In the 17th century, most “knowledge” of the human body and its workings came from Aristotle, Galen and a few contemporary philosophers like René Descartes. All agreed that illness sprang from an imbalance of the four “humors” that infused living things. Details of the functions of organs and blood were proved via well-constructed arguments rather than direct observation or experimentation. It was a time when astronomers were first and foremost astrologers, and those who studied physics or chemistry did so primarily to improve their skills in alchemy.
It was also an age of stunning actual discovery, the birth of what we now regard as “scientific method.” Monarchs and their courts closely followed scientific debates; those who made discoveries gained passage to the highest levels of European society. In her fascinating new history, Blood Work: A Tale of Medicine and Murder in the Scientific Revolution, Vanderbilt associate professor Holly Tucker brings to life this highly charged and sometimes dangerously ignorant world.
The “murder” of the subtitle is a failed experiment in human blood transfusion by a young French physician named Jean-Baptiste Denis. This 1667 experiment was the culmination of a pitched scientific battle that ran for several years between English and French researchers (at a time when their countries’ navies were simultaneously pitching cannon balls at one another) to uncover the true nature of blood and its circulation. The experimentation had been prompted by the English researcher William Harvey’s stunning — but still widely doubted — discovery in 1628 that blood recirculated through the body, rather than being produced by the liver and consumed by the heart, as in classical models. In the decades following Harvey’s discovery, researchers transferred blood between animals, across species, and ultimately into and out of humans in increasingly creative — if often cruel — ways. Fueled by new scientific journals that touted success any time a test subject survived, the experimentation reached a fever state on both sides of the English Channel during the 1660s.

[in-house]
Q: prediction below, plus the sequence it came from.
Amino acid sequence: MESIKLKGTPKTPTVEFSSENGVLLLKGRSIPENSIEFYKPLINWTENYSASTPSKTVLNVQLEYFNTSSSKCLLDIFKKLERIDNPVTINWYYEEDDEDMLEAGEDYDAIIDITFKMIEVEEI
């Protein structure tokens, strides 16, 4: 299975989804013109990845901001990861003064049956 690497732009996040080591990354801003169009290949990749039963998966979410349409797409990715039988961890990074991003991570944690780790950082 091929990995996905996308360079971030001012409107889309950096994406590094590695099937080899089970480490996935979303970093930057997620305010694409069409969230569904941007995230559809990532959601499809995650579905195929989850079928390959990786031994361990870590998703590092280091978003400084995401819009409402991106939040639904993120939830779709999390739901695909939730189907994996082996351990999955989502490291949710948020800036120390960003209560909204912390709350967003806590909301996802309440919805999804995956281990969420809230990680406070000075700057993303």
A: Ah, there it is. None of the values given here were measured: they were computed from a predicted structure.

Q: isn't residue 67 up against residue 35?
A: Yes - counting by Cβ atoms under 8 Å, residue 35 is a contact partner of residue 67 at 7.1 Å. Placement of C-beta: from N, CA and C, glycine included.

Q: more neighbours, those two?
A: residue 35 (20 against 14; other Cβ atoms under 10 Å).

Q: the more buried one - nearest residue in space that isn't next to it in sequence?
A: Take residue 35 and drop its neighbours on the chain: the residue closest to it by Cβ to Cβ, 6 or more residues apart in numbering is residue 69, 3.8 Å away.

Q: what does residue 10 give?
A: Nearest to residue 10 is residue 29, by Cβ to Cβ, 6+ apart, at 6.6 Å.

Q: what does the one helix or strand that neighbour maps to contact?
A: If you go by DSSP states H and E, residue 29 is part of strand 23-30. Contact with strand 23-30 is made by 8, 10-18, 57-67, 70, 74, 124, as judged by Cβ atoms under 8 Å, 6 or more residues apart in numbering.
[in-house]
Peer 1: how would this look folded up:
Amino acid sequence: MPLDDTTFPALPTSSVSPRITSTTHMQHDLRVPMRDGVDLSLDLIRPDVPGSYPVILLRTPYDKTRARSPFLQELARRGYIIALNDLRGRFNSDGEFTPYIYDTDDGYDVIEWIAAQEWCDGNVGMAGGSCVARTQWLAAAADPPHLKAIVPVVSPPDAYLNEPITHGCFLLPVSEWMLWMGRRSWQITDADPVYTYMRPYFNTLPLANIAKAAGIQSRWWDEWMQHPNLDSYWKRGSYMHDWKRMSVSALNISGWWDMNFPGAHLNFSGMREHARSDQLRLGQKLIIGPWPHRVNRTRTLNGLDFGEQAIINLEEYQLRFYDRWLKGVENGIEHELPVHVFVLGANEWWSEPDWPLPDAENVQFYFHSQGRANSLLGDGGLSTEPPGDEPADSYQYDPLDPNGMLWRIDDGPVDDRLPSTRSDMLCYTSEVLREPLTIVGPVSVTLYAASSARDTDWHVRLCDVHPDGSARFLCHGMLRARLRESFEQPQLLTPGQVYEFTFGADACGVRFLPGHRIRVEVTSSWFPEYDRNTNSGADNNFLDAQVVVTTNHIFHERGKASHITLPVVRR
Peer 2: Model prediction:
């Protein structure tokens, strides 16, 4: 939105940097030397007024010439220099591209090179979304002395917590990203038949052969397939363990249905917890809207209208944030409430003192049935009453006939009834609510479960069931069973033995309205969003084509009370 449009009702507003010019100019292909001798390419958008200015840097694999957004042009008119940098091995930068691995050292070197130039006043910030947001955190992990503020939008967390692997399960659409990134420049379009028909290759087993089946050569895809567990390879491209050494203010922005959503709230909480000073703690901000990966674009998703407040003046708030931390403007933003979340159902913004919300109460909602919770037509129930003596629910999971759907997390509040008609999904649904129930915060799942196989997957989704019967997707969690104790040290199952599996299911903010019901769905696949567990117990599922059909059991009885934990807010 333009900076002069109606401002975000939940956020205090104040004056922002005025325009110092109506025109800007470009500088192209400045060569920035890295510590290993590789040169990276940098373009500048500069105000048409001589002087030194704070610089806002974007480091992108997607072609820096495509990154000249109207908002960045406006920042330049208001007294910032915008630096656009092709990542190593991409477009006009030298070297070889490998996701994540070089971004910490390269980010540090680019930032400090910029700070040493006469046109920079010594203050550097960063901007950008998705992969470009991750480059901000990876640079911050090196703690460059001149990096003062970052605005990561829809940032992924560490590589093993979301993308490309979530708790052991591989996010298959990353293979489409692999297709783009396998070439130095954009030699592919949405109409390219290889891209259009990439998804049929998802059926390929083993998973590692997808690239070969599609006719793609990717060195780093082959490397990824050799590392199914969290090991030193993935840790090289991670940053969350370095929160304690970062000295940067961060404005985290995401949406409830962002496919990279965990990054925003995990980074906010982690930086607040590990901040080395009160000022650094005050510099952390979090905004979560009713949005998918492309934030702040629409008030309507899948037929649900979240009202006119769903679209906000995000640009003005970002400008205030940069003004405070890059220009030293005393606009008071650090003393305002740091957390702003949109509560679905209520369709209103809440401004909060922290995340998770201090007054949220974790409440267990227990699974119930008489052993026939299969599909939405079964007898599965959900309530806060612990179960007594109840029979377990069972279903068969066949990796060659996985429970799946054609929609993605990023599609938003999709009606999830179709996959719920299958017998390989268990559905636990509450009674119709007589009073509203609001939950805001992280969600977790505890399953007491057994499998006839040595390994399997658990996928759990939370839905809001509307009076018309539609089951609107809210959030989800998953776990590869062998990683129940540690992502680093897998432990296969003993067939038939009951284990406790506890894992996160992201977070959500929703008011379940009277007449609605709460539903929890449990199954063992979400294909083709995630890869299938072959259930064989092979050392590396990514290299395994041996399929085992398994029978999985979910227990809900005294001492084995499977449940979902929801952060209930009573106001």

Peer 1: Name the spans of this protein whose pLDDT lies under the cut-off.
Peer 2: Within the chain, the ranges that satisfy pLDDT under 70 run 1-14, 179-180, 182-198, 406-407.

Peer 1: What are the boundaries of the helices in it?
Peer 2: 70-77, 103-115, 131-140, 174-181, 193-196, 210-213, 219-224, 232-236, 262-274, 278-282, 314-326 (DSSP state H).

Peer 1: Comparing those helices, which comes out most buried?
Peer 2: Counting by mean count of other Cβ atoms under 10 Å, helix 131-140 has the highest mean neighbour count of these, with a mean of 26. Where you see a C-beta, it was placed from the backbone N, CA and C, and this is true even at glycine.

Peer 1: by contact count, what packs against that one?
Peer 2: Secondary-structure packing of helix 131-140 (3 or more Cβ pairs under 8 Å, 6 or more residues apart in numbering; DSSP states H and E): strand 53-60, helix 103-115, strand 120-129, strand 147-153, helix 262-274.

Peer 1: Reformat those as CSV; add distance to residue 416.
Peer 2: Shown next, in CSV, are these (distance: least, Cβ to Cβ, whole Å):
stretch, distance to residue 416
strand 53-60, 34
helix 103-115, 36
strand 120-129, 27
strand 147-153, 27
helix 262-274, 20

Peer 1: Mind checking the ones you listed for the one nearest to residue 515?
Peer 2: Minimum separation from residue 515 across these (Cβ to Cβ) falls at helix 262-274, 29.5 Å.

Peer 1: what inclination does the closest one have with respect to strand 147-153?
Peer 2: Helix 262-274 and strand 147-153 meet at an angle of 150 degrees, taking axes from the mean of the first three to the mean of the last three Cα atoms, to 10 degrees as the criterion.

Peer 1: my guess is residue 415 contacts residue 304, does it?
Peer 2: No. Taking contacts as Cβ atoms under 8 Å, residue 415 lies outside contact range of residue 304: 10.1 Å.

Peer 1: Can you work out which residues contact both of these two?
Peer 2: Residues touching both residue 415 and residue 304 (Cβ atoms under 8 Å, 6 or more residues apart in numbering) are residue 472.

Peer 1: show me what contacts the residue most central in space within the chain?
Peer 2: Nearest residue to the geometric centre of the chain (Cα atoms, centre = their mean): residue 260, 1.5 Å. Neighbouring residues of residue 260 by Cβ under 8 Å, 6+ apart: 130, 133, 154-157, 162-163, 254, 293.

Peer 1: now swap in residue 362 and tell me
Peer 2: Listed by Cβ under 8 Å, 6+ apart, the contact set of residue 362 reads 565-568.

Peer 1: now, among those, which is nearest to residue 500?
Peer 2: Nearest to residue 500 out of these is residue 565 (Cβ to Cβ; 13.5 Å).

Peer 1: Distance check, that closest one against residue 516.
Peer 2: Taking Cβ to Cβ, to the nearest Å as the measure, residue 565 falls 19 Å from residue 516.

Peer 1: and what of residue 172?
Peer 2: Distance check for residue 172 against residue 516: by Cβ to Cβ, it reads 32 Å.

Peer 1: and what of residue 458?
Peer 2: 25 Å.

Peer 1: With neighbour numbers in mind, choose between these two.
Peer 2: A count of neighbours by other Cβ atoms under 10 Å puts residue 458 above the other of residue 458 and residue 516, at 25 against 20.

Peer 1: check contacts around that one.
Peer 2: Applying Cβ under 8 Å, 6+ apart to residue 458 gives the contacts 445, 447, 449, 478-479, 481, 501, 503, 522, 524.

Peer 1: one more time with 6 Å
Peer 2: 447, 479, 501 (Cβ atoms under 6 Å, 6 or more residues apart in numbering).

The death of Denis’ test subject, and the resulting murder trial, effectively ended “scientific” attempts at transfusion for the next 150 years. But the little-known period when it was at its height proves a rich subject for Tucker, whose exhaustive research not only lays bare the experiments scientists performed, but also the cultural mindset that allowed the progenitors of modern medicine to perform horrific acts with few misgivings.
“The animosities surrounding blood transfusion were not simply a matter of scientific rivalries; they were one more piece of an increasingly complex political puzzle,” Tucker writes. “The globe was ever-expanding in this age of scientific and cultural exploration, and the ports of each of the major European countries — France, England, Holland and Spain — teemed with activity as ships set off to stake claims on portions of the world that had only recently been discovered.”